Sunday, June 6, 2021

Houston, We Have A Problem

                                                                                                          written 30 May 2021

                                                                                                        published 6 June 2021



            On April 11, 1970, Apollo 11 was launched, the third mission expected to land men on the moon.  Two days later, a previously damaged oxygen tank in the service module exploded, forcing a significant change of plans.  With no oxygen for life support in the service module, the three-man crew was forced to live in the lunar module for the four days it would take to return to Earth.  But the lunar module had been designed to support only two men for two days on the surface of the moon.  The most critical need was to scrub CO2 out of the air.  The challenge was to improvise a functional solution from parts on board, before the astronauts passed out and died.  It is a testament to ingenuity under pressure that all three men survived to tell the tale.

            As a species, we are facing a similar emergency: climate change.  After centuries of living off the abundant energy of fossil fuels, we are coming to the end of our finite resources.  In addition, we have a CO2 problem.  Unlike the Apollo crew, we won't choke of it, but the warming effect is cooking us.  On our current trajectory, we will hit a 1.5°C increase within a few years, and the odds of reaching a lethal 5°C increase get very high within a few more decades.  To give our grandchildren a chance to survive, we must immediately begin constructing a solution with our existing technology. 

            In the Apollo emergency, everyone agreed the problem was serious and a solution was imperative.  That consensus meant the entire creative energy at NASA could focus on the task at hand.  Our situation with the climate emergency is radically different.  For economic and political reasons, a sizable portion of our species denies there is even a problem, let alone one demanding immediate action.  The fact that this is playing out over decades, and not hours, contributes to this complacency.  But the magnitude of effort required to make such a fundamental global change means taking action sooner rather than later.  By the time the problem is abundantly obvious, it will be too late to do anything meaningful, like realizing you need fire insurance as a firestorm sweeps toward your house. 

            Even though we have wasted decades, the good news is that awareness of the climate emergency has increased in the last few years.  The negative climate impacts are becoming apparent, with increasingly severe wildfires, droughts, floods and storms, building to a tipping point in both political and economic will.  Exxon Mobil, after funding climate denial for decades, just had a significant change toward climate awareness in their board of directors.  Last week Denmark required Shell to reduce emissions by 45% within 9 years.  Even Republicans, currently obsessing over hysterical conspiracy theories, are noticing that their younger members are concerned about climate.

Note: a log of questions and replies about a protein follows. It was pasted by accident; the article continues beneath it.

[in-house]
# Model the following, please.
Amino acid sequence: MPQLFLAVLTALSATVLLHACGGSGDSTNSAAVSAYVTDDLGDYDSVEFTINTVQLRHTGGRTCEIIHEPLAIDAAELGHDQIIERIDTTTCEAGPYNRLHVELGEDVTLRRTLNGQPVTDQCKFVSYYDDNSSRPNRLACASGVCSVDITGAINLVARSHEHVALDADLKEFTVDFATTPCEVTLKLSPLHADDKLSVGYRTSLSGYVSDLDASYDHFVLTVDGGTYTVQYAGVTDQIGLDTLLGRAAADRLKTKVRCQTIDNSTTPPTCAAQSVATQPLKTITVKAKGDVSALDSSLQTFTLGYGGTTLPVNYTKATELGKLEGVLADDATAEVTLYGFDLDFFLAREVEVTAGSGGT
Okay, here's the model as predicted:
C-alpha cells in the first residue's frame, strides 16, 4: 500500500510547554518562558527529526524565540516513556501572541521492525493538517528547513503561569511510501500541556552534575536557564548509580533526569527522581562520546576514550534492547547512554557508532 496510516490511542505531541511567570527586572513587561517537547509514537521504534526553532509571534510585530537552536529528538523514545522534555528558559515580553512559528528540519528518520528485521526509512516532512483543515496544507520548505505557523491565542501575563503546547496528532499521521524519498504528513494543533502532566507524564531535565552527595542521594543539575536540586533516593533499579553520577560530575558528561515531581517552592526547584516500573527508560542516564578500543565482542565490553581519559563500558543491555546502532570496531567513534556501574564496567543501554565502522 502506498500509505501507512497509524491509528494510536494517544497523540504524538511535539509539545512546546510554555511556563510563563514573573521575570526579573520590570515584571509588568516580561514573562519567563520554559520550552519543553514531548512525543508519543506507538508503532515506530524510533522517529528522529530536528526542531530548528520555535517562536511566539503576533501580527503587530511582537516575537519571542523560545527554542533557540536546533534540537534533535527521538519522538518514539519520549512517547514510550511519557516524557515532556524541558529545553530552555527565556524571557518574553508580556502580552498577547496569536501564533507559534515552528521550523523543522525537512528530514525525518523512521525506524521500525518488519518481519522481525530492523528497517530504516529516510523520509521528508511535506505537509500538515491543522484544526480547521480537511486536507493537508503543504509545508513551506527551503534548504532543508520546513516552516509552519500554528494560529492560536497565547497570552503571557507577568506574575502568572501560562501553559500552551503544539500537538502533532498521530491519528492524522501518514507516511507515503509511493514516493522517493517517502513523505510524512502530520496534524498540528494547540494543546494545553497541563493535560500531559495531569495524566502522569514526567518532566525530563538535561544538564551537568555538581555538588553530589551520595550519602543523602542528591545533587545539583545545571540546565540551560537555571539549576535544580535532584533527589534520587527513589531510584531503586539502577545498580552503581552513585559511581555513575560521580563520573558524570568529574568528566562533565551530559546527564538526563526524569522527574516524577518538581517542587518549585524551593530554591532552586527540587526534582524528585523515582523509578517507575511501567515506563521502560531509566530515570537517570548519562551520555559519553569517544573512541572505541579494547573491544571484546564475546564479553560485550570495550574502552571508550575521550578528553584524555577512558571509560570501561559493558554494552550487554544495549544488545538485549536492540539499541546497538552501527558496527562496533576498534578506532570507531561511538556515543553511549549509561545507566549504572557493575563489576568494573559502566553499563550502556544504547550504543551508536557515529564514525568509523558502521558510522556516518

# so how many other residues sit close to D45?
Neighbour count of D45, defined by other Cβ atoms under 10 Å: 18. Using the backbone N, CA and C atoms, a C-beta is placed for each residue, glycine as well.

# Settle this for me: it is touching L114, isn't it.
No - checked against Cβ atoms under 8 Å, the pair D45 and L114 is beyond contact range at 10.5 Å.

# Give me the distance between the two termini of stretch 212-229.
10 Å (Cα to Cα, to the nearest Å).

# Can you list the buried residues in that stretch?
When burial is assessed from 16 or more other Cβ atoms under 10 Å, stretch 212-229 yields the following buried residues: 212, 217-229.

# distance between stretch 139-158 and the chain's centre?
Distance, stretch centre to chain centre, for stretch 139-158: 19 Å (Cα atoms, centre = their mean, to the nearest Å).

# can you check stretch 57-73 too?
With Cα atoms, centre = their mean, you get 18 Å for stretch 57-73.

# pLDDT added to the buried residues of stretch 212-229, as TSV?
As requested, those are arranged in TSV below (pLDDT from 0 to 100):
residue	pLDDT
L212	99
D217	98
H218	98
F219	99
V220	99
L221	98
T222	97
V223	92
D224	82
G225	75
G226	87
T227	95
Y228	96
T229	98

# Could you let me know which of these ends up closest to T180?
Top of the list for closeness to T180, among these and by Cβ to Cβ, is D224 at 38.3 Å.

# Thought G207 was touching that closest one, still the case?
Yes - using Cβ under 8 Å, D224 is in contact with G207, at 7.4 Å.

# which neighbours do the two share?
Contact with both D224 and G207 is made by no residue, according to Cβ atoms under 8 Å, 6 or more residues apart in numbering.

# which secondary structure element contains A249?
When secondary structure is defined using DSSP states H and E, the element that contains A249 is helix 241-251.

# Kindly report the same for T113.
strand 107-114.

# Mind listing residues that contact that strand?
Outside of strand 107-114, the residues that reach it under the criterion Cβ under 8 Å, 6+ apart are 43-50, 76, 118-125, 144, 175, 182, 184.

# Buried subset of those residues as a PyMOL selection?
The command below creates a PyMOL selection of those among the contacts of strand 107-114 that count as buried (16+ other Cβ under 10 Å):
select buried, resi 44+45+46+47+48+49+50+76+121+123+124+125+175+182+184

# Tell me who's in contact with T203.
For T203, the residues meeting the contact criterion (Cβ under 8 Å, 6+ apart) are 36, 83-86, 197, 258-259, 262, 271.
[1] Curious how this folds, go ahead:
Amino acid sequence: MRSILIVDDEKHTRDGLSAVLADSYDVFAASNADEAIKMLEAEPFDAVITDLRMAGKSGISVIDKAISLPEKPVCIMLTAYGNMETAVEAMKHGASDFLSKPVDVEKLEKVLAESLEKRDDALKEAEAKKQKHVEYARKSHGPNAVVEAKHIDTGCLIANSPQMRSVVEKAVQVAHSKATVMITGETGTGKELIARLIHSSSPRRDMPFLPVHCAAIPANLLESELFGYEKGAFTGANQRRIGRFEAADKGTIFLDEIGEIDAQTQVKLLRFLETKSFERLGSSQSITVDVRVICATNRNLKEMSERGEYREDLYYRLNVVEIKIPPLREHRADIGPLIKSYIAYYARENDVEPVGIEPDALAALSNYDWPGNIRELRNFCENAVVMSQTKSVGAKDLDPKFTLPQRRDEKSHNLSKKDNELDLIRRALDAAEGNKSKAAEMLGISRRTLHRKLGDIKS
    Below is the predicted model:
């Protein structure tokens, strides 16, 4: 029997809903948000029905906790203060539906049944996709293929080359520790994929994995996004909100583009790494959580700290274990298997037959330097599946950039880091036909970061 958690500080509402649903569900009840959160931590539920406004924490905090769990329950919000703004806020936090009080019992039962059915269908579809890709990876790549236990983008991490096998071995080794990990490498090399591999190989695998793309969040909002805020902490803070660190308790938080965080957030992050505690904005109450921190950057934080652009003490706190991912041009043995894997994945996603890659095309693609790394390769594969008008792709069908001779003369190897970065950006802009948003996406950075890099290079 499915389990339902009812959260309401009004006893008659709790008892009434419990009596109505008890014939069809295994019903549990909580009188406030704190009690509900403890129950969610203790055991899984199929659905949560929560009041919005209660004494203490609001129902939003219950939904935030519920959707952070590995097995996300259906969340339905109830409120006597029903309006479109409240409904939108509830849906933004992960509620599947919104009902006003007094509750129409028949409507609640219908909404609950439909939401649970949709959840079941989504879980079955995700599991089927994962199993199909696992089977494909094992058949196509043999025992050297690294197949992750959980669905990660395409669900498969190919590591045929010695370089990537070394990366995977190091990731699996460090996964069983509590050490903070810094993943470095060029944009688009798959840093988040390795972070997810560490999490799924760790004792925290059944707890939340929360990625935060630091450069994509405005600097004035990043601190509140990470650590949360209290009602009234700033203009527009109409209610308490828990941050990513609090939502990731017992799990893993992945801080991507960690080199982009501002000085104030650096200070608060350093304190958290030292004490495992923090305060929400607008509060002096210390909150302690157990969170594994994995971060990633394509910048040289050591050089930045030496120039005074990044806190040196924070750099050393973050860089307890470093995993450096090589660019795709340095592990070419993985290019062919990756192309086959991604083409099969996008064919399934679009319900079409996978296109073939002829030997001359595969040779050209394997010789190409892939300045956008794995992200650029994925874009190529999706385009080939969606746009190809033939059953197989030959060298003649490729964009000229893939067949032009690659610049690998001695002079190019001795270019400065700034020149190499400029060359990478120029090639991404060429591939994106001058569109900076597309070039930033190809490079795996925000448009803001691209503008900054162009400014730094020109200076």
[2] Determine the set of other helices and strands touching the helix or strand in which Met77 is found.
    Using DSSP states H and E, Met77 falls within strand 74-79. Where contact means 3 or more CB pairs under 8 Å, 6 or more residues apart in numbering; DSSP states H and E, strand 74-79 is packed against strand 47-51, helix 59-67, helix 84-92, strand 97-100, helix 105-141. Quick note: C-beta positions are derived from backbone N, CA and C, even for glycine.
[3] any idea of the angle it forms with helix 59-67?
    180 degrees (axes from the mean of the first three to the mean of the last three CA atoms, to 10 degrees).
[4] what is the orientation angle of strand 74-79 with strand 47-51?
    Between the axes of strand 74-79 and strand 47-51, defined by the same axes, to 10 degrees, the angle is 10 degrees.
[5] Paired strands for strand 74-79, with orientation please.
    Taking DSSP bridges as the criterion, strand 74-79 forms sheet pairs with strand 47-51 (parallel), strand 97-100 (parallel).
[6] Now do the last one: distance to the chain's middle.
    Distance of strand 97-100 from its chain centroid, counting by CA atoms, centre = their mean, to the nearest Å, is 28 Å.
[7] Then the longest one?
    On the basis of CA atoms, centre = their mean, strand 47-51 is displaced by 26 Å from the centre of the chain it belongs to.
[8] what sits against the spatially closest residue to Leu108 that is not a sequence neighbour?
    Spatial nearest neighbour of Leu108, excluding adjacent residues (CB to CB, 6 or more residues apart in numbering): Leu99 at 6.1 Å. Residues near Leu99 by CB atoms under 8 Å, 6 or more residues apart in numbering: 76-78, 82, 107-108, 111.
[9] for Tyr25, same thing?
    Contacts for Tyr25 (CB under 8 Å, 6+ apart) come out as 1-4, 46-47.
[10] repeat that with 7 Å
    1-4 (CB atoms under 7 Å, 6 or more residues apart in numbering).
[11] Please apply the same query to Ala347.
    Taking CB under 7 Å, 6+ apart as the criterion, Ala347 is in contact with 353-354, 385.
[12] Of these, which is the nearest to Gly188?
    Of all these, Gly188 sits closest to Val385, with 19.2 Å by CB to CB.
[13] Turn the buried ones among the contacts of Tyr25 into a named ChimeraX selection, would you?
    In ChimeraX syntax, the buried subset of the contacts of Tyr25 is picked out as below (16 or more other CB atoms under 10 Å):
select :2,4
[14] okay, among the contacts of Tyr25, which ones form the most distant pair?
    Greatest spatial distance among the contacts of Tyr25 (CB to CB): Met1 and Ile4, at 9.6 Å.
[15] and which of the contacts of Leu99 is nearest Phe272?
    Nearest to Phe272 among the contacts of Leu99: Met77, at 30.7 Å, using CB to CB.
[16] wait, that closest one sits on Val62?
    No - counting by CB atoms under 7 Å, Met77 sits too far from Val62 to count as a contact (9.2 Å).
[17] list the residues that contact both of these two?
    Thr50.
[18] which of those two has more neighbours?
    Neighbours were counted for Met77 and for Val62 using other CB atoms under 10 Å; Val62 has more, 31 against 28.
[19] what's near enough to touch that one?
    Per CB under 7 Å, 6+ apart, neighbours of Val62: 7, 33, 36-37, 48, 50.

It must be acknowledged that there is no guarantee that humans can turn this around, and many serious investigators think it is already too late.  The inertia of the climate system is huge, and there are natural climate tipping points that could radically accelerate the rate of warming.  But if we value life at all, the attempt is worth it.  We have no idea of what is possible until we try.

            Life has survived such a situation in the past.  The first single celled organisms flourished on the abundant chemical energies of the new planet, just as humans have with stored fossil fuels.  But eventually, these were exhausted, threatening extinction.  Life's solution was photosynthesis, harnessing the ongoing energy of the sun. 

            Or consider the situation of a chick in its egg, which initially grows as an isolated individual, using the stored energy in the yolk.  At exactly the point where it exhausts that stored energy, it hatches out into a larger world, learning to live in cooperation with the rest of life.

            We're on the verge of doing the same thing, for the same reasons.  Our economic and energy systems will have to evolve, transcending the illusions of human supremacy and the fiscal fiction of externalized costs, shifting from opportunistic energy parasites to living within our energy income.  While human creativity is boundless, it's not yet clear if humans are wise enough to emulate the wisdom of bacteria and chickens.  The jury is still out.